Since police charged 17-year-old Andrew Balcer with the murders of his parents Monday, those who loved Alice and Antonio Balcer continue to express shock and sadness at the Winthrop tragedy.

Alice and Antonio, who were both 47, met each other while serving together in the Coast Guard. They got married, eventually had two boys and bought a home 16 years ago on quiet Pine Knoll Road in Winthrop.

“It is a complete tragedy to know something like this could have happened,” Antonio’s mother, Christine Doval, of Fairbanks, Alaska, said Wednesday. “It’s very difficult. They were a wonderful family. They were good people.”

The Balcers lived at 10 Pine Knoll Road, a white ranch-style house in a quiet, wooded neighborhood that runs parallel to U.S. Route 202. Police were called there shortly before 2 a.m. Monday and found the parents dead in the home. Andrew Balcer has an older brother in his 20s, and both of them were at home when police arrived.

For the last two days, coroners at the state medical examiner’s office have been performing autopsies on the bodies of Antonio and Alice, said Mark Belserene, an administrator in the office. But the agency did not release information about the autopsies Wednesday.

After characterizing the deaths as “highly suspicious” on Monday morning, police said later that day that they had charged a teenage boy with two counts of homicide. Andrew Balcer’s defense attorney, Walter McKee, confirmed that 17-year-old Andrew, a Winthrop High School senior, was charged with the murders.

On Tuesday afternoon, Andrew made his first court appearance at the Capital Judicial Center. During that appearance, a judge ordered that the probable cause affidavit detailing police findings in the case — including how Antonio or Alice Balcer might have been killed — be sealed from public viewing.

A judge also has ordered that Andrew undergo a psychological evaluation. The prosecution has requested a hearing that would allow Andrew, who turns 18 next month, to be tried as an adult on two counts of knowing or intentional murder.

The news shocked many in the Winthrop area. Andrew was smart, pleasant and close with his family, according to several Winthrop area residents.

“He always seemed like a normal, happy kid,” said Doval, his grandmother, who visited her son’s family every couple of summers and stayed in touch with them on social media. “There was nothing that would have led anyone to think this could happen.”

Doval described her son, Antonio, as “a wonderful person” and “a pillar in his community” and her daughter-in-law, Alice, as someone “with a great love for animals.”

Antonio belonged to the Exiles Motorcycle Club, which has a clubhouse in Pittston, and also was a devout Christian whose nickname was “Rev.”

Antonio was “a great father, the kind of guy you could always turn to,” Dustin Nadeau, an Exiles Motorcycle Club member, said Monday, while Alice “was a huge-hearted person … one of the best people you could know.”

In recent years, Alice, who went by Ali, was committed to helping stray and domestic animals. She worked at both Winthrop Veterinary Hospital and the Kennebec Valley Humane Society, which on Tuesday posted a remembrance on its Facebook page.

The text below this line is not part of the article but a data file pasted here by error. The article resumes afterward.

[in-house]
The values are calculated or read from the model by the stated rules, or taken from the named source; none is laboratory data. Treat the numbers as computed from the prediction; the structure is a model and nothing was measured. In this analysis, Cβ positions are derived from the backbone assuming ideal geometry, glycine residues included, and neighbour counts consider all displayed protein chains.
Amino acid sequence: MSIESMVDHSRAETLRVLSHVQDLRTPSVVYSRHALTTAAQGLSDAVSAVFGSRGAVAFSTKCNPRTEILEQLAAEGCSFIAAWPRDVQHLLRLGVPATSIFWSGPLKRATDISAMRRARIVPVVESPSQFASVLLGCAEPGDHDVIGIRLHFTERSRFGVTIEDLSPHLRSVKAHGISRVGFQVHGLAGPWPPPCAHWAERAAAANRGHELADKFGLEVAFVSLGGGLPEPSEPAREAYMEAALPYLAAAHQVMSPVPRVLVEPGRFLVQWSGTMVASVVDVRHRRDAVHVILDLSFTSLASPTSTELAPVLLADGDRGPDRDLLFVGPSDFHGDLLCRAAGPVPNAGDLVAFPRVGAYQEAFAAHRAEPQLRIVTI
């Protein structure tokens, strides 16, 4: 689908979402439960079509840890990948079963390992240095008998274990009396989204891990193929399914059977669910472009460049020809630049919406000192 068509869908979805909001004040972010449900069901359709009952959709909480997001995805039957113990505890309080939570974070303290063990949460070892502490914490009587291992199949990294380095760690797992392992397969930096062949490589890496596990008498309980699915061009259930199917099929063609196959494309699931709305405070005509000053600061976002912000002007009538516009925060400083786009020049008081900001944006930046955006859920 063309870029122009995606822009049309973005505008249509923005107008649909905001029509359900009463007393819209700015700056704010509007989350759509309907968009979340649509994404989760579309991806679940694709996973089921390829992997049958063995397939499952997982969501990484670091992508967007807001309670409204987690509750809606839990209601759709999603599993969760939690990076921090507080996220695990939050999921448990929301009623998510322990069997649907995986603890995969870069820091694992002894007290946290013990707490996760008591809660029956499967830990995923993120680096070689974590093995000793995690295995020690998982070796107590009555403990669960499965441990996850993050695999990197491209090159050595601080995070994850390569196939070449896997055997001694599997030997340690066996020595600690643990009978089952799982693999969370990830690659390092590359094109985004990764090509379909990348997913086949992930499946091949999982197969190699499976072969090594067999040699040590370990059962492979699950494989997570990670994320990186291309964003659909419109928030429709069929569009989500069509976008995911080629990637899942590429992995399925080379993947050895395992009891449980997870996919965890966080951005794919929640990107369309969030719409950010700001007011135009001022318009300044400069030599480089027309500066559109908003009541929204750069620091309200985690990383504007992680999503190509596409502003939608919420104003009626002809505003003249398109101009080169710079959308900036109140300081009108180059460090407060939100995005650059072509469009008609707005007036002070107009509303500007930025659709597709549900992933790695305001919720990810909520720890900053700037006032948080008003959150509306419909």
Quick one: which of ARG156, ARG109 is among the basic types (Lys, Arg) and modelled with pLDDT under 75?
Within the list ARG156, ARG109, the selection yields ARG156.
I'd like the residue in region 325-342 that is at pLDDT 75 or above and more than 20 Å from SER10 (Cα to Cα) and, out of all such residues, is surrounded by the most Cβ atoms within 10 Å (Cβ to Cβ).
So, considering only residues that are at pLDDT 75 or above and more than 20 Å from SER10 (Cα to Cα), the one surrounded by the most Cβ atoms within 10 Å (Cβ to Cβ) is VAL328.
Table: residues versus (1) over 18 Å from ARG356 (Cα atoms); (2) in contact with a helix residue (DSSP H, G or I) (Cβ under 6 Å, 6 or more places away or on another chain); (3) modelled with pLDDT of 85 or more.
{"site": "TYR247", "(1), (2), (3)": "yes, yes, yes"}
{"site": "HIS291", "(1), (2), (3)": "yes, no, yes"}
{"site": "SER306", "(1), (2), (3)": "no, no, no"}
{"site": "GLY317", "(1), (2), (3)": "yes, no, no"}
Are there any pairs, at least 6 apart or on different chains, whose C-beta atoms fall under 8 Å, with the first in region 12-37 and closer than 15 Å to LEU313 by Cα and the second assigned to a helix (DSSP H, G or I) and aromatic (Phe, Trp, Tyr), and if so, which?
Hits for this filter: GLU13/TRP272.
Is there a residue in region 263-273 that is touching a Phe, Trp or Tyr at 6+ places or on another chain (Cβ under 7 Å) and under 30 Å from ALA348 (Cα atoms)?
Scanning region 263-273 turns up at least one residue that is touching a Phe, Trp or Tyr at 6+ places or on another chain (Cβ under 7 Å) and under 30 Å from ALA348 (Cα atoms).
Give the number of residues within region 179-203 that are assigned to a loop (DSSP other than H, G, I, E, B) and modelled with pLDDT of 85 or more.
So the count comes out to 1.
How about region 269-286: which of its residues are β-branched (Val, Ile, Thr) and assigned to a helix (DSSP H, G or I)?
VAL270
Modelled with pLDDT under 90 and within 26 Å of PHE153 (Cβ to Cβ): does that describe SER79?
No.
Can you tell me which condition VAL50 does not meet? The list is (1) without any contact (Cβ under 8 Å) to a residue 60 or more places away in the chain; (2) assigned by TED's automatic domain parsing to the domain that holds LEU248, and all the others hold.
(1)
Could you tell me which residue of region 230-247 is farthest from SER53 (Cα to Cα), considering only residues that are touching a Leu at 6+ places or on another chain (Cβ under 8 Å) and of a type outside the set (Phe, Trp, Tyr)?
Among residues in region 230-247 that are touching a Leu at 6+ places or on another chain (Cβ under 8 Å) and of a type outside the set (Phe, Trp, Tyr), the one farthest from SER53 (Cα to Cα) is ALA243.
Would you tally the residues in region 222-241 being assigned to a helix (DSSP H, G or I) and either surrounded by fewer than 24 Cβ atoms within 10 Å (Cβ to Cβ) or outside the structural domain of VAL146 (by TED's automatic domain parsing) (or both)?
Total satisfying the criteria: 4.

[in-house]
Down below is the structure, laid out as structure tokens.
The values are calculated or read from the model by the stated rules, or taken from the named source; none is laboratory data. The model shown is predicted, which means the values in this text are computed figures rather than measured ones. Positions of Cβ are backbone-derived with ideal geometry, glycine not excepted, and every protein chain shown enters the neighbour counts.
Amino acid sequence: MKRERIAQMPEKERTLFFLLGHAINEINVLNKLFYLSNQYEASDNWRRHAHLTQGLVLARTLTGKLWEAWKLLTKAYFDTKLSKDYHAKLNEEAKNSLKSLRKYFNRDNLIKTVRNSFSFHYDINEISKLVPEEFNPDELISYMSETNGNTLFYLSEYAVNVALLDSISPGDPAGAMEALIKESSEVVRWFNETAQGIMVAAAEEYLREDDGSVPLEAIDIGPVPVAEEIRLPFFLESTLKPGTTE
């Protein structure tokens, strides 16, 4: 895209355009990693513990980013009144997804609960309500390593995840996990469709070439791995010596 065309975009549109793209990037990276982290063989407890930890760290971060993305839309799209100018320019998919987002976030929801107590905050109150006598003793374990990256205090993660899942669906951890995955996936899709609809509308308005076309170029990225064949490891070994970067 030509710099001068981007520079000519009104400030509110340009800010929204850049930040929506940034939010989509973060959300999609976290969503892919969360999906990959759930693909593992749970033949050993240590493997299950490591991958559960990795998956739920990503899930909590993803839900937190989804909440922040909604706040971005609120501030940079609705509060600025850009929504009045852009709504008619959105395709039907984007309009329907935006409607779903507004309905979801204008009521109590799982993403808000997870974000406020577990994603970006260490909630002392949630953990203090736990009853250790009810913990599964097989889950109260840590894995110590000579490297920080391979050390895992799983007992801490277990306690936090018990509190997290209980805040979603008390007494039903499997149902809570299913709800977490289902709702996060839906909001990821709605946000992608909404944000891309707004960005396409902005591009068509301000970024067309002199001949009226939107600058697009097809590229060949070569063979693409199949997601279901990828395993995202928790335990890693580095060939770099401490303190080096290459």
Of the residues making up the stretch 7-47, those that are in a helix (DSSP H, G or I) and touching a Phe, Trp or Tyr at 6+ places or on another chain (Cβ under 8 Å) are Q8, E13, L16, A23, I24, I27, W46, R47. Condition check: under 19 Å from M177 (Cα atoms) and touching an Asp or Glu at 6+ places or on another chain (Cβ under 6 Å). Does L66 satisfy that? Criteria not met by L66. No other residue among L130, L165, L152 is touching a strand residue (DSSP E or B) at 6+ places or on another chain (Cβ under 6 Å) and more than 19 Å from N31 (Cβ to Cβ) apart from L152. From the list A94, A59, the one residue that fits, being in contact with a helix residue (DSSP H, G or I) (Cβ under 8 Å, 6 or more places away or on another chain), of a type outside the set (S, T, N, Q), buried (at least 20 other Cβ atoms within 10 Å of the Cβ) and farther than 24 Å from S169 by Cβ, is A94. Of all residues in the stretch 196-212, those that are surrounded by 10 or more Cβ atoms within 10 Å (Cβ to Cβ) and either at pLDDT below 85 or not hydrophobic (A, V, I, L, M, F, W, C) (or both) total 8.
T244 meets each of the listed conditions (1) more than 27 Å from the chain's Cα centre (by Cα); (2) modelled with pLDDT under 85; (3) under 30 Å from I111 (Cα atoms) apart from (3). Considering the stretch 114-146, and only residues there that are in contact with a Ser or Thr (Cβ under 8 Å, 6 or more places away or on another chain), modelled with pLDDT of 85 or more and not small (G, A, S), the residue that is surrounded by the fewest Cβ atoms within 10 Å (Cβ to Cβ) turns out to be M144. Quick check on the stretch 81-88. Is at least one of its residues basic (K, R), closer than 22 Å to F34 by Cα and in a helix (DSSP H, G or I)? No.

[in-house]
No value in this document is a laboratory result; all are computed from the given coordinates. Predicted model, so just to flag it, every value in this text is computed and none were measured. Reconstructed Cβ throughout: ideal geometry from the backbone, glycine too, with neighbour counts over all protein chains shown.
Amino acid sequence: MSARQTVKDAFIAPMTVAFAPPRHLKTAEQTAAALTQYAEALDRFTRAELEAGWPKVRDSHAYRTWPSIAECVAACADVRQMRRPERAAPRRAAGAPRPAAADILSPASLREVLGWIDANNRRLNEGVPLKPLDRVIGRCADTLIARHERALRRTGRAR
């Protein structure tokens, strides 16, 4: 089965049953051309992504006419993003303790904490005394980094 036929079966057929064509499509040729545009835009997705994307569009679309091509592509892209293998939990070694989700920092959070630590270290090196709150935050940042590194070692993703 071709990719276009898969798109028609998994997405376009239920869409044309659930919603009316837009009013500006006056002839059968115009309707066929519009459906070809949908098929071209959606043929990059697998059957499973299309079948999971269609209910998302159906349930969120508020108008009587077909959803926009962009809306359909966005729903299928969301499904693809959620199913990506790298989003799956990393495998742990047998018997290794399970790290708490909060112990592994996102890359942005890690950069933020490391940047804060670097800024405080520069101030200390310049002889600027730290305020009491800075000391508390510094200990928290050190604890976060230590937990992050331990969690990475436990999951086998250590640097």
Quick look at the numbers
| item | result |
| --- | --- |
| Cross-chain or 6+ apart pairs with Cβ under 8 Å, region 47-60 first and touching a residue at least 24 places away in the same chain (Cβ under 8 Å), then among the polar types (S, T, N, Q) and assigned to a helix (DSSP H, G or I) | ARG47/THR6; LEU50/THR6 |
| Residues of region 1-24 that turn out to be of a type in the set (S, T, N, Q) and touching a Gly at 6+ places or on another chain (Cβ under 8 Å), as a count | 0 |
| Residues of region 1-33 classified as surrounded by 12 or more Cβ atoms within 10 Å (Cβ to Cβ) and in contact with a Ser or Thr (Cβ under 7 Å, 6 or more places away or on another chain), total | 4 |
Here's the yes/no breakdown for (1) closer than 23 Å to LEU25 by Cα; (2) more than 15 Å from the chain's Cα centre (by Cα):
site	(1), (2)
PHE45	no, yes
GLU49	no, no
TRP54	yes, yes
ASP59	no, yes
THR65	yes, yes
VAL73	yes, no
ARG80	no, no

“Yesterday we lost a valued and beloved former staff member, volunteer, committee member, friend, and tireless advocate to animals in our community,” the organization wrote. “Ali spent more than a decade working with animals and inspired those around her to always do their absolute best. She was a mentor and friend to our staff and volunteers. Her passion, dedication, and laugh will be sincerely missed.”

Several animal lovers responded with their own comments thanking Alice and offering their sympathies.

One wrote, “So sad when ‘we’ (us and our furry friends) lose a true animal advocate and defender of our four legged friends!! This world needs more people like Ali!! Deepest sympathies to her family and close friends!!”

The Balcer family owned several animals that were removed from their home this week as part of the murder investigation, but it was unclear where they are being housed. On Wednesday morning, Hillary Roberts, executive director of Kennebec Valley Humane Society, said the pets were not taken to the humane society.

Another person who shared his sympathies with the Balcer family was Steve Lindsey, a Coast Guard veteran who served alongside Antonio on two icebreaker vessels in the late 1980s. Lindsey learned of Antonio’s death after stumbling onto an online news story this week, then proceeded to write a remembrance in the comments section.

Reached by phone Wednesday, Lindsey, who is 56 and lives in Keene, New Hampshire, said he hasn’t spoken with Antonio Balcer in more than 25 years. But he remembered Balcer as someone who listened to punk rock and Metallica and seemed at odds with the culture of the uniformed service, yet still managed to be a leader while serving.

“He was a rock,” Lindsey said. “He was unflappable. I wasn’t close with him, but I admired him.”

Lindsay recalled one trip he and Antonio made together in which their World War II-era vessel hit a great storm and salt water leaked through the deck and into their bunks.

The crew was miserable, Lindsay said, but “Tony’s undaunted spirit carried him and everyone through seven months at sea.”

Charles Eichacker — 621-5642

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Twitter: @ceichacker